Pokemon Go Players at Risk From Hackers

Pokemon go hackers cybersecurity malware
The augmented reality mobile game "Pokemon Go" by Nintendo is shown on a smartphone screen in this photo illustration taken in Palm Springs, California U.S. July 11, 2016. REUTERS/Sam Mircovich

The success of the Pokémon Go app could be putting millions at risk of hackers and other criminals, security experts have warned.

Less than one week after launch, Pokémon Go has proved extremely popular around the world. According to data from SimilarWeb, the app has surpassed the dating app Tinder in terms of U.S. downloads on Android smartphones.

The game—which uses a device's location to allow players to find and capture Pokémon characters in various places—has only officially launched in the U.S., Australia and New Zealand, however workarounds are available to allow users to install it in other countries.

"Had Pokémon Go been released globally (since people everywhere are playing it), no one would have felt the need to visit third party sites," Tyler Reguly, manager of software development at Tripwire, told Newsweek . "The websites hosting this content are often plagued by drive-by attacks and malware, incorporating this into the actual download is a logical expansion."

Reguly suggests that Pokémon Go's popularity is such that many people would knowingly install malware in order to get hold of the game, rather than wait for an official release.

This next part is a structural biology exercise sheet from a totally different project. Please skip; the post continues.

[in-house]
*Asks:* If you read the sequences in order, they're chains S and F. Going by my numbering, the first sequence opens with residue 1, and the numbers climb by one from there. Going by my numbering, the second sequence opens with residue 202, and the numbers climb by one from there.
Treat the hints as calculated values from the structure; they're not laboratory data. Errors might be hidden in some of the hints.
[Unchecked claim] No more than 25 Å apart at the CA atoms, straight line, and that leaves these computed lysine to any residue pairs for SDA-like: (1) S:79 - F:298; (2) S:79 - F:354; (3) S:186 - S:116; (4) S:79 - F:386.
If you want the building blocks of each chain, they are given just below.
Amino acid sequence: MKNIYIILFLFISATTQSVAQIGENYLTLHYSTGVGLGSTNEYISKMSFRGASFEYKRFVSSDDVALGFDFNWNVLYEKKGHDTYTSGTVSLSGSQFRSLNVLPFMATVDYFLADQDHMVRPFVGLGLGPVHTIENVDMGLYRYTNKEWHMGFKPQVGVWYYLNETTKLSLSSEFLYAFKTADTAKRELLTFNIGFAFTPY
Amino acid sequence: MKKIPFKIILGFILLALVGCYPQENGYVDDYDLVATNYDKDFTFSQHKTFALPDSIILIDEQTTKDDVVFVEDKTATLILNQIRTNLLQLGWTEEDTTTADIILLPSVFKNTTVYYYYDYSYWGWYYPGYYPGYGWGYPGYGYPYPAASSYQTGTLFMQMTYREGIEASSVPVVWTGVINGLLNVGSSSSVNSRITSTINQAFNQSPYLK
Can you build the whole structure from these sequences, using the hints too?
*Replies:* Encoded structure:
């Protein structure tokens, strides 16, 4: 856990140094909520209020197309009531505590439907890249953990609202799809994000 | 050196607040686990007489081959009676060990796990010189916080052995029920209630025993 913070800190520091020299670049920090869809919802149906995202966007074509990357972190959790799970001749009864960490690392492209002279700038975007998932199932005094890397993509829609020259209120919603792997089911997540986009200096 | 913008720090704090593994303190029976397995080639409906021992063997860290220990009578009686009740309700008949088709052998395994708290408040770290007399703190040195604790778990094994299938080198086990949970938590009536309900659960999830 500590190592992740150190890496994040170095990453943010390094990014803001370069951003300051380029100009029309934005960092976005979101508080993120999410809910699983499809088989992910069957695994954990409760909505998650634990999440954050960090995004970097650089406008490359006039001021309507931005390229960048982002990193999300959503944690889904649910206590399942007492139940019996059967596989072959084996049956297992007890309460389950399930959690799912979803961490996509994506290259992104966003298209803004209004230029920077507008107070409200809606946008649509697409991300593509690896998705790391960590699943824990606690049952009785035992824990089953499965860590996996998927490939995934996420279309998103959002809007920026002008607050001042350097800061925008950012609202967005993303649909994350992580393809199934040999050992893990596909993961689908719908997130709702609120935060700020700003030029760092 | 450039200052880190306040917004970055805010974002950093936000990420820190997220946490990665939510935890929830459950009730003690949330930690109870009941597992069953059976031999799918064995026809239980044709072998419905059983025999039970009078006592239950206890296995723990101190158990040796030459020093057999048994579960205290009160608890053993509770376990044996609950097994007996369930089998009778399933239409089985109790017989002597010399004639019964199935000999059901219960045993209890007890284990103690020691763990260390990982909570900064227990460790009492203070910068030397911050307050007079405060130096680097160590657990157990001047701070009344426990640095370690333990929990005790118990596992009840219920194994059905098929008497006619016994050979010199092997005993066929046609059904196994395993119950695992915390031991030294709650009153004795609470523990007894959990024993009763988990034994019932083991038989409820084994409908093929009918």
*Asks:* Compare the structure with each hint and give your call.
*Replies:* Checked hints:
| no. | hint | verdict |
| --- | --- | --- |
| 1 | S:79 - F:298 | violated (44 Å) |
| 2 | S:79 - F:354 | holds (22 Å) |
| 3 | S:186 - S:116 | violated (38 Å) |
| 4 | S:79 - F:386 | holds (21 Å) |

pokemon go security android malware
Figures from SimilarWeb show that Pokémon Go has already been installed on 5.16 percent of Android smartphones in the U.S., compared to Tinder's 2 percent. SimilarWeb

Some rogue versions of the app may contain malware that allows criminals to take full control of an Android smartphone through a security backdoor called DroidJack, other experts have warned.

"DroidJack gives attackers complete access to mobile devices, including user text messaging, GPS data, phone calls, camera—and any business network resources the access," says Kevin Epstein, a vice president at network security firm Proofpoint.

"Even though this malicious app has not been observed in the wild, it represents an important proof of concept: namely that cybercriminals can take advantage of the popularity of applications like Pokémon Go to trick users into installing malware on their device."

The app's success has also caught the attention of real-world criminals, with police in Missouri warning that armed robbers were targeting punters hunting for Pokémon. According to police, criminals are lying in wait in certain locations popular in the game for offering bonuses.

"It is believed these suspects targeted their victims through the Pokémon Go smartphone application," a post on the police force's Facebook page alerted the public.

"If you use this app (or other similar type apps) or have children that do we ask you to please use caution when alerting strangers of your future location."